The July 2017 edition of Commentary described the system of parametric adjustments to the United States Social Security system, indicating how certain features of the benefit structure are subject to periodic adjustments that are typically tied to inflation, as measured by changes to consumer prices or national wage levels. These adjustments include an annual cost-of-living adjustment that is applied to benefits in course of payment. Other adjustments to the benefit structure include the basic components of the formula for determining the Primary Insurance Amount and individual workers’ earnings history, based on changes in national wage levels. While the benefit structure has several dynamic features, the financing structure is limited to periodic adjustments to the maximum amount of taxable earnings on which the payroll tax is levied. However, the payroll tax rate that is the main source of financing for Social Security is static, not dynamic; the current rate is 6.20 percent of taxable earnings, payable by employees and employers. This rate was set in 1990 and has remained unchanged since then. The concept of financing a dynamic Social Security system with a fixed payroll tax rate is not viable in the long run, mainly because the escalation of costs beyond the standard projection period of seventy-five years, due to demographic and economic changes over time, is not accounted for. The use of a fixed payroll tax rate structure has had the effect of gradually eroding the solvency and sustainability of the system, resulting in projected long-term deficits, putting at risk the ability of the system to meet scheduled benefit payments. Logically, if all scheduled benefits are to be met in full, the financing system should be dynamic so as to maintain continuous actuarial balance between projected income and outgo. This may be accomplished by introducing a dynamic payroll tax structure that would feature small incremental annual changes to the basic fixed tax rate. It is somewhat paradoxical that the United States Congress would enact a Social Security law that establishes a specific regimen of scheduled benefits, but does not contemporaneously authorize the necessary financial resources to meet the obligation for the actuarial value of these scheduled benefits. As a result, the Social Security system is subject to political pressures to reduce expected scheduled benefits to a level consistent with the available authorized financial resources, under the guise of reform or modernization. Whilst some observers regard this situation as an appropriate and balanced means of maintaining the long-term solvency and sustainability of the system, others take the view that this strategy is effectively conflating two entirely separate issues, namely the financial soundness of the system, and the suitability of the system’s benefit structure for modern society in terms of adequacy and equity.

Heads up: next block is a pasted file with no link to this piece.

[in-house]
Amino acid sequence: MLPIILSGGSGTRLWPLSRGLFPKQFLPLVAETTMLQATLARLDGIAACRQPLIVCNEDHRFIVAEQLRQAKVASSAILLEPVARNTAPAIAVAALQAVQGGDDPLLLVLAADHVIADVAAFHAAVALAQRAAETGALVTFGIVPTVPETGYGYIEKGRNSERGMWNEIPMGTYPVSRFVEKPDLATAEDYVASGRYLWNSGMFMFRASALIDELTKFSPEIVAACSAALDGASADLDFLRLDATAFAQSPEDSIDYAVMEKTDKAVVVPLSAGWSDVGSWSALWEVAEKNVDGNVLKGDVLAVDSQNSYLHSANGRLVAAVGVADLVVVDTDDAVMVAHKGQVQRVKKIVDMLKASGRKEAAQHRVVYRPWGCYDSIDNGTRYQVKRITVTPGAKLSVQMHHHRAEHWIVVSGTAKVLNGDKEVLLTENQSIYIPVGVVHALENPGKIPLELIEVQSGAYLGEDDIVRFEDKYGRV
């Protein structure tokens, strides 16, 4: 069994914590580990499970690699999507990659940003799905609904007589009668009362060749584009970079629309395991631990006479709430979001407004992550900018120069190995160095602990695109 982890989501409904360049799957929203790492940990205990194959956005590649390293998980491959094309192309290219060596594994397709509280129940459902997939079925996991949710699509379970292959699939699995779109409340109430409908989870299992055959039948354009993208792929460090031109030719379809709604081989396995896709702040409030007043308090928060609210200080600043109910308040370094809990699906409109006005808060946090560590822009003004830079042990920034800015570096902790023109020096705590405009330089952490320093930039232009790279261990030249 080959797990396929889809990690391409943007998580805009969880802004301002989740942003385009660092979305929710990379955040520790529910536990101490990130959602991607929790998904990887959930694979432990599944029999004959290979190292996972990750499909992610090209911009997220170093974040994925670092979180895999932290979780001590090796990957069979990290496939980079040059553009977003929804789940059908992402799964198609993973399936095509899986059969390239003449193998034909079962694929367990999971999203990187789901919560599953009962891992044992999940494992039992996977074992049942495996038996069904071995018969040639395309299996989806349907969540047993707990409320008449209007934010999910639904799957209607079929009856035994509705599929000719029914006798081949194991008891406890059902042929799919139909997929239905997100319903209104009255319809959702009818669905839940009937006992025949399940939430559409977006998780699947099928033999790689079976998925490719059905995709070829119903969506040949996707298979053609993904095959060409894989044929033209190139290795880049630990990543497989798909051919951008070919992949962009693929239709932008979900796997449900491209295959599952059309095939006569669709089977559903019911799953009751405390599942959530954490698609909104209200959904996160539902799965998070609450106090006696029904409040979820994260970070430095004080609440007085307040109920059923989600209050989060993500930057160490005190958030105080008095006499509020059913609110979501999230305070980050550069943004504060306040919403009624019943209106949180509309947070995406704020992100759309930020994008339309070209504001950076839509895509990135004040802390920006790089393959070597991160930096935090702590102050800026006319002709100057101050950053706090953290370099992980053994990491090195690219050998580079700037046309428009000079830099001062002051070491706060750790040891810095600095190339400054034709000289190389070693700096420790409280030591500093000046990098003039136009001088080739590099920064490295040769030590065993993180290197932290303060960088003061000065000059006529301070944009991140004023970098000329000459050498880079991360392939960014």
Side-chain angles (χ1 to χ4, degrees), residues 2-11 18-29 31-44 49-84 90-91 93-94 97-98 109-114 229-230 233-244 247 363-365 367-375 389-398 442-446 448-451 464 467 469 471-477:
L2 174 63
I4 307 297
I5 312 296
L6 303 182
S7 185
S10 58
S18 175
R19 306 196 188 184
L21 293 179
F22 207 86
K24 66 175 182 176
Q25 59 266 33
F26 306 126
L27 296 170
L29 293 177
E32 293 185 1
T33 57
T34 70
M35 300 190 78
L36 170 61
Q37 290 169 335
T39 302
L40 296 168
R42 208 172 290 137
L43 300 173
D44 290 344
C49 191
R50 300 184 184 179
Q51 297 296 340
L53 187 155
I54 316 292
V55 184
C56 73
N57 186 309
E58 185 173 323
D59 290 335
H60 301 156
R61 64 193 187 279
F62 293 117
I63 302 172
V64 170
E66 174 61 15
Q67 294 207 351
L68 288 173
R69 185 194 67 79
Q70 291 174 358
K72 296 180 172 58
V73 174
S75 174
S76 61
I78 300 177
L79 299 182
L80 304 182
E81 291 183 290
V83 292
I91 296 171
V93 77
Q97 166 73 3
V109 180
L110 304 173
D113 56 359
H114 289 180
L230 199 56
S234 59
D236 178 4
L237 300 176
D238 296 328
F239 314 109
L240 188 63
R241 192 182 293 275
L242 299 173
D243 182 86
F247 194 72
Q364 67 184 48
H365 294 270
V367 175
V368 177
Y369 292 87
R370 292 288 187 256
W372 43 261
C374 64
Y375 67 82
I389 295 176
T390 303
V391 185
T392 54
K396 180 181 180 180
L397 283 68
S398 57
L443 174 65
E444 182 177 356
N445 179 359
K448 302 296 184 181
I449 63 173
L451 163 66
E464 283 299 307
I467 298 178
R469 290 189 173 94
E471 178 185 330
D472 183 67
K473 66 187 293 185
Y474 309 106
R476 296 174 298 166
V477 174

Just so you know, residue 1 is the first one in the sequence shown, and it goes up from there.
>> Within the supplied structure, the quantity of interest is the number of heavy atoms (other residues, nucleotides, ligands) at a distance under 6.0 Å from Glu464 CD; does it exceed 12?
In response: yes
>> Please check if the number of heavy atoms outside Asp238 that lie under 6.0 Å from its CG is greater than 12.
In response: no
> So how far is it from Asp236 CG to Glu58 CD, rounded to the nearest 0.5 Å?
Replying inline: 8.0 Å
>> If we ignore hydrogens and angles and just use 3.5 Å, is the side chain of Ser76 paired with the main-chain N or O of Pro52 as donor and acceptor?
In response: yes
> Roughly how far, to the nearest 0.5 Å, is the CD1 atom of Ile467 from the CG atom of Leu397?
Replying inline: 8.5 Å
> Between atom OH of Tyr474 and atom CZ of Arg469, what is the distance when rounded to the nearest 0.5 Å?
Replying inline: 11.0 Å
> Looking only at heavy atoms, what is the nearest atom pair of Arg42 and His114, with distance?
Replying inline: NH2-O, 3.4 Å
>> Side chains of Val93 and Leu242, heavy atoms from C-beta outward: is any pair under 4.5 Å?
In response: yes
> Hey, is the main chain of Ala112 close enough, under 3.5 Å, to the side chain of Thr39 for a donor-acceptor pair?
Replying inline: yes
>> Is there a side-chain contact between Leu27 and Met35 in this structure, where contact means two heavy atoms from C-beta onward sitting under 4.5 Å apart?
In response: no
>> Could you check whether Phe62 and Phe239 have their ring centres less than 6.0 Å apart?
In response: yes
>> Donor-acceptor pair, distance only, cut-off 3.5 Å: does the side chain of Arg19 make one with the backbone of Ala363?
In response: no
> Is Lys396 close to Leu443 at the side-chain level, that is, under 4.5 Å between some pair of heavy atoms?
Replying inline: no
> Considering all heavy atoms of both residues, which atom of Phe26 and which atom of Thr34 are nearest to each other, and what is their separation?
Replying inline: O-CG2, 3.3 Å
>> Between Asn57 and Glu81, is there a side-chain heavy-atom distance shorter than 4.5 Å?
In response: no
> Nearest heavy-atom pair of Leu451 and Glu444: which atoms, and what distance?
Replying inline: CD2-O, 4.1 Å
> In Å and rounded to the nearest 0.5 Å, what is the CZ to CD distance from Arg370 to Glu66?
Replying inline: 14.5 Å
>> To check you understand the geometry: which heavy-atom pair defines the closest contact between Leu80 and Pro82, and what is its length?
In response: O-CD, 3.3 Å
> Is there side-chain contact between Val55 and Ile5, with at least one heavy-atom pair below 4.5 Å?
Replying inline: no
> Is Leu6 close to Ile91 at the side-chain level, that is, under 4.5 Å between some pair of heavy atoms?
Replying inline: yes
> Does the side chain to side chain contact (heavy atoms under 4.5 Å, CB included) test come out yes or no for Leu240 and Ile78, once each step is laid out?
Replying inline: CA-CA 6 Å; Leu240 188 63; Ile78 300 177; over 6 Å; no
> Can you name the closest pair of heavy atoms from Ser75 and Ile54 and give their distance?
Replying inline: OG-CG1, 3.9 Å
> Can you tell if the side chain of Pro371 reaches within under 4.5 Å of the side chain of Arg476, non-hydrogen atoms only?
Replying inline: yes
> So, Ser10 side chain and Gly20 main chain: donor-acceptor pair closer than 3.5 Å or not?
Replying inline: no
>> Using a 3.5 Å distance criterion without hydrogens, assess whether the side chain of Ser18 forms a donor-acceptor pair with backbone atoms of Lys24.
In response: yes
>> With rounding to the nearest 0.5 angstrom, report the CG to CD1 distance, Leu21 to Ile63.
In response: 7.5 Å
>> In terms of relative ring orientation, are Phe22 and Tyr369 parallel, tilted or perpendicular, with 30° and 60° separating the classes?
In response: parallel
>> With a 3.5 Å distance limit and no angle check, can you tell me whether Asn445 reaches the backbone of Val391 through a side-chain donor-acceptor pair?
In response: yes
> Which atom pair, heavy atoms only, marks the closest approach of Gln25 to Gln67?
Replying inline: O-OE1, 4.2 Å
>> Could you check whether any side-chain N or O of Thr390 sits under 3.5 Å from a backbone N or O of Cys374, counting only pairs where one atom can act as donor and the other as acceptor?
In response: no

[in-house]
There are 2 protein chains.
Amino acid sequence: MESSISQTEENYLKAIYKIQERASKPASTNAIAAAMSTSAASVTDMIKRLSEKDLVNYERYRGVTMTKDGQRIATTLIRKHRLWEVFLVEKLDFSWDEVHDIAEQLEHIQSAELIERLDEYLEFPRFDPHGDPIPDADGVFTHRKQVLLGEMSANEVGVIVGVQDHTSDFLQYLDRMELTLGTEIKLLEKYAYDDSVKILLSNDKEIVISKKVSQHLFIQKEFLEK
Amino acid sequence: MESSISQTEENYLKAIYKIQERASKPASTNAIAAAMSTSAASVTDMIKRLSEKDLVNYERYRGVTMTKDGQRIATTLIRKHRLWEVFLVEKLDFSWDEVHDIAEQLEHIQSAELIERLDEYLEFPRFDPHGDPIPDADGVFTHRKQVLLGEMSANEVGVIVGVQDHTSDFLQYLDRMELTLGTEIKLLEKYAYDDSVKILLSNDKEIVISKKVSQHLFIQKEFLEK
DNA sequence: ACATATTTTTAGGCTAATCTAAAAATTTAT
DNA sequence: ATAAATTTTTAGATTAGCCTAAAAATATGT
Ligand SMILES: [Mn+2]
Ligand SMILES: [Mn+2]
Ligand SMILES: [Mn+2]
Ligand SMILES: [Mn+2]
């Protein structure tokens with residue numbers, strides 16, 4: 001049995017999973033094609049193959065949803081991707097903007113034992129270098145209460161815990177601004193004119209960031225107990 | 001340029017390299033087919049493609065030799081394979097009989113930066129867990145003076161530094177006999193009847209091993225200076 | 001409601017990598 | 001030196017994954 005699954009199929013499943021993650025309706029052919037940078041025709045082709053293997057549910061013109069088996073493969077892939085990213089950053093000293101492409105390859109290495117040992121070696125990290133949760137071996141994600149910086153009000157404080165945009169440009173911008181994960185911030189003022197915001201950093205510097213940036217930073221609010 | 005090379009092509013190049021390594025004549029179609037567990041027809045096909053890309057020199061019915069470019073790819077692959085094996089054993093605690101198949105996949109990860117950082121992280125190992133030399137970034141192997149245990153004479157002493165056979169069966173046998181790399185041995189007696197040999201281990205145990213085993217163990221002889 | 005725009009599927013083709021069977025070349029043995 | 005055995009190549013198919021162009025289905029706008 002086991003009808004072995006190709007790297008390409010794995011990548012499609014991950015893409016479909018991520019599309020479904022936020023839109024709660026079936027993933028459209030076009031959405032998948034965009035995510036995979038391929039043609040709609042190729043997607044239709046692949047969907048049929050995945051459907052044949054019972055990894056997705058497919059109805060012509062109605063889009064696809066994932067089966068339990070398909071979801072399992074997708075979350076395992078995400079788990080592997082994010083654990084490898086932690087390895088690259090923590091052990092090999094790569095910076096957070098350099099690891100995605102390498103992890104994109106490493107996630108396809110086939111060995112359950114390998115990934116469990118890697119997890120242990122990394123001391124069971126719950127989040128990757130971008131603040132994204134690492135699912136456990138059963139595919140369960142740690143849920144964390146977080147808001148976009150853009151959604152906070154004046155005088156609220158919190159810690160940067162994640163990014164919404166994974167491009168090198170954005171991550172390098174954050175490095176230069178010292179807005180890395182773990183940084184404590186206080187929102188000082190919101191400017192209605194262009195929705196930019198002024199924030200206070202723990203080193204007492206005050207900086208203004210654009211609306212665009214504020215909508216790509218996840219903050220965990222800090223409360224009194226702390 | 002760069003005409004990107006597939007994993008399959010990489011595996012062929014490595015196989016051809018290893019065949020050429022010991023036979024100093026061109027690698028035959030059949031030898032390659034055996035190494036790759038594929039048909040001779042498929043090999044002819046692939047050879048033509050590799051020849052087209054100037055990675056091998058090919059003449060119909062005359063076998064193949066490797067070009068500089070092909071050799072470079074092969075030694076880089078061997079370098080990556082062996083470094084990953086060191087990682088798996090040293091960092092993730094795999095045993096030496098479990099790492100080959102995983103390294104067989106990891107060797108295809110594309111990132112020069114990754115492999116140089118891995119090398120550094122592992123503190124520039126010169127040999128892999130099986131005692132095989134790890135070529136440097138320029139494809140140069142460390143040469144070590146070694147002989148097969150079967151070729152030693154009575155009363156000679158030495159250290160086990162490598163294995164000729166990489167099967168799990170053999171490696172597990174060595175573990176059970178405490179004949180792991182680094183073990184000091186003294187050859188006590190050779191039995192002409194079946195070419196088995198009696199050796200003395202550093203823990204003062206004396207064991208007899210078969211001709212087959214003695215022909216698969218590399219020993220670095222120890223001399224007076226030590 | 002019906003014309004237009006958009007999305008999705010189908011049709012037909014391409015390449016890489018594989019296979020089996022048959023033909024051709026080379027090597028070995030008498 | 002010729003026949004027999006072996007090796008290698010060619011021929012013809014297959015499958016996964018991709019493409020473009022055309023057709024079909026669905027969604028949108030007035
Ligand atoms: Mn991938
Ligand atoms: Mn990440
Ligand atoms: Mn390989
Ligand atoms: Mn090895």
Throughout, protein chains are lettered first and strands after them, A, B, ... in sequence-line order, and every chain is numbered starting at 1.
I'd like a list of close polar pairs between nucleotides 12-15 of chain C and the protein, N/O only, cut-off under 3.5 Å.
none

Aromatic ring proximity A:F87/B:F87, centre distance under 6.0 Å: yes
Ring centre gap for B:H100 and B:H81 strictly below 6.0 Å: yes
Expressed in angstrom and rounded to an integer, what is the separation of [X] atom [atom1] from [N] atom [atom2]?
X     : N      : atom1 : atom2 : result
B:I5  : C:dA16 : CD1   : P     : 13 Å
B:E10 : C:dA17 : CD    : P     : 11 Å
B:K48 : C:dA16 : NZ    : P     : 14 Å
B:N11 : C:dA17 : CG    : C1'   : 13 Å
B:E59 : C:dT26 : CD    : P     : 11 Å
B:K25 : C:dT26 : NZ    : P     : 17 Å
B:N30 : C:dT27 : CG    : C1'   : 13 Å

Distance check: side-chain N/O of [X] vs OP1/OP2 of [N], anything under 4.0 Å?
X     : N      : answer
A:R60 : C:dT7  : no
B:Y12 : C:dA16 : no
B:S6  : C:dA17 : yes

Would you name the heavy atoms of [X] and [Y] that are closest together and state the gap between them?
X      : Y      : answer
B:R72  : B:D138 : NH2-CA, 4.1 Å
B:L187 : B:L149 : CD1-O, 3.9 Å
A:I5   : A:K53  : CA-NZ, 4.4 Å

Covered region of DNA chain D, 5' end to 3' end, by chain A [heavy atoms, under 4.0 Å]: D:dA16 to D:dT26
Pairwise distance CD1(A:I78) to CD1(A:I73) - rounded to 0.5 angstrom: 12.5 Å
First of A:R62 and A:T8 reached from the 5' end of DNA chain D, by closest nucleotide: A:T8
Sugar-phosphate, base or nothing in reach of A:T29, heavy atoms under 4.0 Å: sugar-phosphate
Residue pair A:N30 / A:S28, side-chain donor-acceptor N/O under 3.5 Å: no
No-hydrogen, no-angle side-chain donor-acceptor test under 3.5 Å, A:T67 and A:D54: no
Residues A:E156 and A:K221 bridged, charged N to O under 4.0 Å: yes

The American Academy of Actuaries has recently published a revised edition of its Issue Brief on Social Security Automatic Adjustments. This comprehensive issue brief presents an analysis of Social Security’s long-range financial situation together with a series of options for potential new automatic adjustment features. These include adjustments to taxes, specifically an increase in the payroll tax rate and increases in the taxability of benefits. The Academy’s issue brief also considers adjustments to the normal retirement age as a means of reducing scheduled benefits and ameliorating the effects of erosion in the long-term actuarial balance between projected income and outgo. While it is acknowledged that, from an actuarial perspective, adjusting the retirement age merits consideration, the concept has been widely criticized by social policy experts because of its anticipated adverse social and economic consequences. An important aspect of any automatic adjustment system is the actual trigger mechanism that activates the adjustment; the Academy’s issue brief states that defining an appropriate trigger mechanism for automatic adjustments is as important as defining the adjustments themselves. While the conventional measure of the financial condition of the Social Security system is based on the projected deficit over a future seventy-five year period, the Academy’s issue brief notes that “Given the great uncertainty regarding how the economy and society will evolve over the 75-year period, some will argue that basing automatic adjustments on actuarial balance as measured in the Trustees Report is inappropriate. Others may argue that gradual adjustments would not be disruptive.”
The July 2017 edition of Commentary had addressed this specific point and concluded that the desired result could be achieved by introducing a dynamic payroll tax structure that would feature small incremental annual changes to the payroll tax rate that are remarkably small and affordable. This edition also recommended a graduated scale of payroll tax rates as representing good social and economic policy and concluded that the combination of graduated payroll tax rates with a modest incremental annual adjustment system could be readily managed to ensure the continuing solvency and sustainability of the US Social Security system.